And then nature took our education on one step further.
A young saguaro growing up through the branches of a palo verde tree in Saguaro National Park.
While we were traipsing about the Sonoran Desert we learned about the relationship between saguaro cacti and nurse trees.  Young saguaros frequently make their start at the base of a tree or shrub which helps provide shade and increased moisture.  Upon learning this we instantly made the correlation between this and nurse logs/rocks up north.  It was marvelous to realize how dramatically different each of these landscapes are--rainforest to desert, mountains to plains--yet they're not without their similarities.  I thought this was totally remarkable.
A palo verde acts as nurse to both a saguaro and pincushion cacti in Saguaro National Park.
Nurse logs decay away and leave the next generation to their growth.  Nurse rocks are sometimes cracked by their tree companions, but more commonly see them live out their days side by side.  The same rock might nurse generations of trees, in fact.  Saguaros usually out-compete and outgrow their shorter-lived shrubby neighbors, to the detriment of the nurse tree.

Still.  It all goes to illustrate the interconnection of life, nature, the universe and all that that encompasses.  Even the towering saguaro once needed a little help getting there.  The tides need to moon.  We need the earth.  It is all so cool and connected that it boggles my mind with the integrated complexity of it all.
Matt and a superb saguaro specimen in Saguaro National Park.
What a world we're blessed to experience!  Each and every part of it has so much to show, to teach, to give.

Tuesday, March 7, 2017

Going Shopping - Amaya Oriental Market

We do most of our shopping at the co-op where Matt works.  However, we were pretty excited when our buddy, Josh, clued us in about the fact there is a dedicated Asian grocery store here.*  Amaya Oriental Market is, unfortunately for me, located pretty much across town, but none the less Matt and I made a jaunt up to the heights recently to check it out.

We were very pleased with the excursion, too, I must say.  There were loads--and I mean loads--of things that I've not seen for sale anywhere locally--brands and products.  There were brands from China, Vietnam, Thailand, the Philippines, and more.  There was liver paste in a can (no thanks) and giant bags of dried galangal.  There were frozen ducks and cans of vegetarian sausage.  We had to restrain ourselves from buying an absurd amount of noodles.  There were noodles I'd never even heard of before!  We bought some that are made from wheat or rice involved.  We picked ourselves out a fantastic little treat for the drive home--coconut rolls--which were akin to a light butter cookie (Matt says a krumkake), but made out of coconut and palm tree-like shrub called pandanus.  Again, I'd never even heard of it before.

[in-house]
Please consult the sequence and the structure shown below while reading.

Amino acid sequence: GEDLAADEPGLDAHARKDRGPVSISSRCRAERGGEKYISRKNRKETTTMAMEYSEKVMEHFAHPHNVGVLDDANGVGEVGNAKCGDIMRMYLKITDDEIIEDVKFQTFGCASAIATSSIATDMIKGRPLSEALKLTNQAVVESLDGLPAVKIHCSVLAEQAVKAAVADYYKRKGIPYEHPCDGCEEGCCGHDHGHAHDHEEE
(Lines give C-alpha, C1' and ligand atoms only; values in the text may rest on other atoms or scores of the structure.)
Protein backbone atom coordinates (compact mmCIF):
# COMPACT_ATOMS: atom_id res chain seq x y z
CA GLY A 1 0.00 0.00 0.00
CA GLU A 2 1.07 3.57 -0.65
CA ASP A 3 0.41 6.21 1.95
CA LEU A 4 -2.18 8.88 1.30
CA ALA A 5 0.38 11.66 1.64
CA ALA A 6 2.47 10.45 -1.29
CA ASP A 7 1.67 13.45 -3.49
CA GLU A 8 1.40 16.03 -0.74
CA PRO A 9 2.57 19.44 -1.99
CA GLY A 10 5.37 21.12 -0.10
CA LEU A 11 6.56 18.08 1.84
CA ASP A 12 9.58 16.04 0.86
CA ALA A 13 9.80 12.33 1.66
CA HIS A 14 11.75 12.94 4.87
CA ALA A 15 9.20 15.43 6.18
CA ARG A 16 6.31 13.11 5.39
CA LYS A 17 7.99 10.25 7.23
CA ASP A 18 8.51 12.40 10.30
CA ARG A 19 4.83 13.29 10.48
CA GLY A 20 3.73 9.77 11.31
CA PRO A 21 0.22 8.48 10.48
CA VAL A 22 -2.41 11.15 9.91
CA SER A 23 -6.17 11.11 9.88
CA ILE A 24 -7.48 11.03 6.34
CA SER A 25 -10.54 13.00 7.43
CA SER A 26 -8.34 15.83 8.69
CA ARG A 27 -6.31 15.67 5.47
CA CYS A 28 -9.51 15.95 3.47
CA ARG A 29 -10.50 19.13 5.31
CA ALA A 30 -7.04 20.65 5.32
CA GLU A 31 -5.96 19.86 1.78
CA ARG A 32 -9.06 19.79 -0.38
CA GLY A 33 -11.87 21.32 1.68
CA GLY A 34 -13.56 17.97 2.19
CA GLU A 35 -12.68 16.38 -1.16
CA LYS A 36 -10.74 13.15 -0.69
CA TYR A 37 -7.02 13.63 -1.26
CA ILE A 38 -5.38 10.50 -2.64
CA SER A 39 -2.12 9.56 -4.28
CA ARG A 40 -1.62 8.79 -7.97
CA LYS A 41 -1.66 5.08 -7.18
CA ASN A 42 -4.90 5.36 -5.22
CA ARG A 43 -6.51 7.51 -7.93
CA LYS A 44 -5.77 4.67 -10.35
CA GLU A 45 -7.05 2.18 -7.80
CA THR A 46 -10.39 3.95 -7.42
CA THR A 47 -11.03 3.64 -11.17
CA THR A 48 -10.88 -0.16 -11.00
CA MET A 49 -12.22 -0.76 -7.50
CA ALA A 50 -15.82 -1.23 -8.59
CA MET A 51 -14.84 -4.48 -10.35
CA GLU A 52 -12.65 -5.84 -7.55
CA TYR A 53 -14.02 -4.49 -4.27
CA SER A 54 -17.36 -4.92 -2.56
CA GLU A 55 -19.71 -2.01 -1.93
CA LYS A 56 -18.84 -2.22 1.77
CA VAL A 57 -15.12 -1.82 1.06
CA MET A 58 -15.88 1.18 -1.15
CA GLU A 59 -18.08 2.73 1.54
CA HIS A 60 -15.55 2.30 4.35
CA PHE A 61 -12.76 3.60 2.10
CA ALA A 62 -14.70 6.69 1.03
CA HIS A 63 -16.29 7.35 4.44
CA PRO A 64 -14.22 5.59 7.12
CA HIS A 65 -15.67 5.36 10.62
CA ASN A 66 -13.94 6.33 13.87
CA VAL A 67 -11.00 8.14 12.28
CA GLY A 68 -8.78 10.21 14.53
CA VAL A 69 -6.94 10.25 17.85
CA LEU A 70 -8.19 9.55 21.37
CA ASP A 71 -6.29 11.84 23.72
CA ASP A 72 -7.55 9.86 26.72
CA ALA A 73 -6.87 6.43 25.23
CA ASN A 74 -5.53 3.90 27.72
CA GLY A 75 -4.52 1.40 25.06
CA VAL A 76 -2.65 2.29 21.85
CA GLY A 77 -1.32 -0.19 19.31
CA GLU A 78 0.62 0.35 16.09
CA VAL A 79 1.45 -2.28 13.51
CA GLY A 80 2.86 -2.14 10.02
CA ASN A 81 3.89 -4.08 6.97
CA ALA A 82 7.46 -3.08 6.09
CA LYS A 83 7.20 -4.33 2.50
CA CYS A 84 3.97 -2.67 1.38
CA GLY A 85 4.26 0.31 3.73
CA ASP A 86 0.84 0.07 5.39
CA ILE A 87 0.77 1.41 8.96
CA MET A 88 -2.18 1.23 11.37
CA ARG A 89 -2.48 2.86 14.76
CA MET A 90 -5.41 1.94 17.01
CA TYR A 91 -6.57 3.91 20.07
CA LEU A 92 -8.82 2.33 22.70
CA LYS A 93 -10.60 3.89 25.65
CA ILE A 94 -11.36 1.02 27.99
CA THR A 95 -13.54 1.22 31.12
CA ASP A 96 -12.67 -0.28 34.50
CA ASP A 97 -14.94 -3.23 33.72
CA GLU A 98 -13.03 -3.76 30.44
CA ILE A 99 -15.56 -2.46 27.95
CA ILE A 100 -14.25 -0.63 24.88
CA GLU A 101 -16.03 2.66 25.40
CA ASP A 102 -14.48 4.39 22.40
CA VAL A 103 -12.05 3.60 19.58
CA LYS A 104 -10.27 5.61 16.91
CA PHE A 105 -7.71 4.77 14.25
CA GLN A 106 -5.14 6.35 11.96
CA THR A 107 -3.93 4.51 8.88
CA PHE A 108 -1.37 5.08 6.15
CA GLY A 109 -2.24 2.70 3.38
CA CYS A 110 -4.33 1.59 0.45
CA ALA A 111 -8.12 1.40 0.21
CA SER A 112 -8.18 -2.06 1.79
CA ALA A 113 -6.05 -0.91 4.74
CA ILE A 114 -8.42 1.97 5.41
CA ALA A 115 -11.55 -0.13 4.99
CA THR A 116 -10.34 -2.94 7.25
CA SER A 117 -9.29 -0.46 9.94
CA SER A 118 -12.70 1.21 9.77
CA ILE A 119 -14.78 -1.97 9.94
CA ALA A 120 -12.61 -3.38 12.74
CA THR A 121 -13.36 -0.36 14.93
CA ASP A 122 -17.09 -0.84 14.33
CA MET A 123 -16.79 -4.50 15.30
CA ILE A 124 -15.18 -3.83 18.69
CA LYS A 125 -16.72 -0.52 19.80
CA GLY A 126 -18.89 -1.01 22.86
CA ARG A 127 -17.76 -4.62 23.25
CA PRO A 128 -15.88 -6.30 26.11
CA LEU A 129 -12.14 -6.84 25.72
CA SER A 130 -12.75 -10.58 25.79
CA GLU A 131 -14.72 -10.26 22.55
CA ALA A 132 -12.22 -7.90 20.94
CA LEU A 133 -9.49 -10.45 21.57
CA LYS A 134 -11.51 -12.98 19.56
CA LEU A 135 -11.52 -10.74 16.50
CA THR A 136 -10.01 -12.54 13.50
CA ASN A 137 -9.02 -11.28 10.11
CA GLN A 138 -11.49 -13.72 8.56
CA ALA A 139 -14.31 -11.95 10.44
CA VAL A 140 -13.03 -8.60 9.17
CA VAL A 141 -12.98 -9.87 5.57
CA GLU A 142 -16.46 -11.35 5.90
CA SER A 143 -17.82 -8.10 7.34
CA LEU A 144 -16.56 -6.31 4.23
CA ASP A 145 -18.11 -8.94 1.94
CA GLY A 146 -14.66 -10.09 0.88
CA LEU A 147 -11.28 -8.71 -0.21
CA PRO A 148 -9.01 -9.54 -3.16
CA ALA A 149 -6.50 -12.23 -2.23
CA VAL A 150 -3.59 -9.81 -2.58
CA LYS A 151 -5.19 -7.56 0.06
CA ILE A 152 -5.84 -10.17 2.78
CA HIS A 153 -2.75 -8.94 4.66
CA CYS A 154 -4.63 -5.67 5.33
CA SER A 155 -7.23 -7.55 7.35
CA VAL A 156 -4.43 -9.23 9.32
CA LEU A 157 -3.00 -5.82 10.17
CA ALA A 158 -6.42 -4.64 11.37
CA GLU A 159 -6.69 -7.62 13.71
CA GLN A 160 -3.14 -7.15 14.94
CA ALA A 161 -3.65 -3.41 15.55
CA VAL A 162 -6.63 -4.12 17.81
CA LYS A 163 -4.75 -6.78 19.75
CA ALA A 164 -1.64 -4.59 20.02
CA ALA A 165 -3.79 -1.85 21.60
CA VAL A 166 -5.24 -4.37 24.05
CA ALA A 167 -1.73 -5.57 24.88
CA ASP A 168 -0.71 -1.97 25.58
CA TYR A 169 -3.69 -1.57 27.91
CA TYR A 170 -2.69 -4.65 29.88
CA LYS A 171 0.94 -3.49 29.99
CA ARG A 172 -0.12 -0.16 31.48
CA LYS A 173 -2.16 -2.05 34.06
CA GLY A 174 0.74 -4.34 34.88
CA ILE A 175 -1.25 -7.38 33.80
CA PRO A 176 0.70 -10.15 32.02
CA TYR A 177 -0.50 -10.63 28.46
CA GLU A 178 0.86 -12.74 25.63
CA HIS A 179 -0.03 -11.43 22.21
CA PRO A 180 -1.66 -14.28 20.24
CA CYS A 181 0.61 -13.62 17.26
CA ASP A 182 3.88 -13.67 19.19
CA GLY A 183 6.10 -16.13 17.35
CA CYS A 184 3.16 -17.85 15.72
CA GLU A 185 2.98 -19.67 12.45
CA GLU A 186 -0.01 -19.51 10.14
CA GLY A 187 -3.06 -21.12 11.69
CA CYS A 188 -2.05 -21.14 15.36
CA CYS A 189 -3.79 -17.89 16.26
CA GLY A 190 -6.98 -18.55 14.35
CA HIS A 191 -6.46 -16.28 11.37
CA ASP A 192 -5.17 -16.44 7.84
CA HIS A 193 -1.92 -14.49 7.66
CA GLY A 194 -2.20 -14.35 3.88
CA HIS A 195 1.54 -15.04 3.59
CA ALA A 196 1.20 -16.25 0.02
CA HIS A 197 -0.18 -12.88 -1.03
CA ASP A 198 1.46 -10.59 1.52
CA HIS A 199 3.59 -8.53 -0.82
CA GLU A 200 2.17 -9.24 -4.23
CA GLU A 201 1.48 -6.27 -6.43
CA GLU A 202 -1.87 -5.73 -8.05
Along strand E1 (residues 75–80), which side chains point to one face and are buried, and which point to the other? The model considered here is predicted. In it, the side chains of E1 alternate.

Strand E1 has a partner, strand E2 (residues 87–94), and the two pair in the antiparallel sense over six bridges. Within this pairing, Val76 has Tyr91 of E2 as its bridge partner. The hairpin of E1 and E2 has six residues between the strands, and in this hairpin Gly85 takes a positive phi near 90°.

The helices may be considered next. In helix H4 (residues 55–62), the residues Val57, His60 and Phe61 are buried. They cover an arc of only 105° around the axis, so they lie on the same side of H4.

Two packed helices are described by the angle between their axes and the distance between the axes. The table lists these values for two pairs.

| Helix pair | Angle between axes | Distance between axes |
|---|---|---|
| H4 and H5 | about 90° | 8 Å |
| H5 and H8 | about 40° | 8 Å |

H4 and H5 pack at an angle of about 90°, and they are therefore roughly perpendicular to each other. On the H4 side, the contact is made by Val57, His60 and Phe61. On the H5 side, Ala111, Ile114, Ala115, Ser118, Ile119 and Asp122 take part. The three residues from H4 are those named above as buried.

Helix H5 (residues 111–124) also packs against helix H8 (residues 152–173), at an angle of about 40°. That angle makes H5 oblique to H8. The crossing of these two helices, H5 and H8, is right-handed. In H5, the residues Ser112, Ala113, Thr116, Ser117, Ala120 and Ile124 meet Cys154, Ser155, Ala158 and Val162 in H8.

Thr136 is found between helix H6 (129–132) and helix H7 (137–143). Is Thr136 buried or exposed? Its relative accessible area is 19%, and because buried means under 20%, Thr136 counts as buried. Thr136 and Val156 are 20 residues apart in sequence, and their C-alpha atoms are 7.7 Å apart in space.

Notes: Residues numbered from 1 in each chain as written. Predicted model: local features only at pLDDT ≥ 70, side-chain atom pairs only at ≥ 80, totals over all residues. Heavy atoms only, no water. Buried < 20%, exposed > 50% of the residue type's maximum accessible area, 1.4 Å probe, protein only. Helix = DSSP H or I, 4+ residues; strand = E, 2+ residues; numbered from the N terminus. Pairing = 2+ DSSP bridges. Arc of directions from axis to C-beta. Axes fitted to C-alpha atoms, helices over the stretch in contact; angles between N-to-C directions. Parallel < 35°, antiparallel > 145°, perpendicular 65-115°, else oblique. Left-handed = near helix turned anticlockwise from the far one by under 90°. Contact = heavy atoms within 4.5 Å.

The Haul:  A can of toasted coconut water, two styles of rice noodles, coconut rolls, black bean sauce, fermented black beans, yellow curry paste, red curry paste, canned vegetarian sausage and vegetables, two styles of rice noodles, a pack of chili lime raman, dried shiitakes, saffron, tapioca noodles.
There were certainly products in there that I'd avoid either because they're made from animals (lots of fish and pork) or loaded with preservatives and other things I cannot pronounce, but there was plenty that was totally up my alley.  We got a yellow curry paste that was just divine--and made of ingredients I could totally picture such as lemongrass, ginger, turmeric, etc.  It is fantastic with breakfast potatoes--about a hundred times better than the rather generic (but widely available) Thai Kitchen brand we've bought in the past.  We got a can of salted black beans because we'd never had them and they periodically pop up in our Asian cookbooks.  I bought a can of coconut water with toasted bits of coconut swimming around in it.  They sell this sort of drink at Siam Thai, but I'd never considered that it might be a Thai equivalent to a can of soda.
This is the Cha'i Cha'rng (wheat-based sausage with bamboo shoots and various mushrooms) from the can on the left in the photo below.  We tossed it with rice stick noodles (also from Amaya) and Spicy Garlic Toss.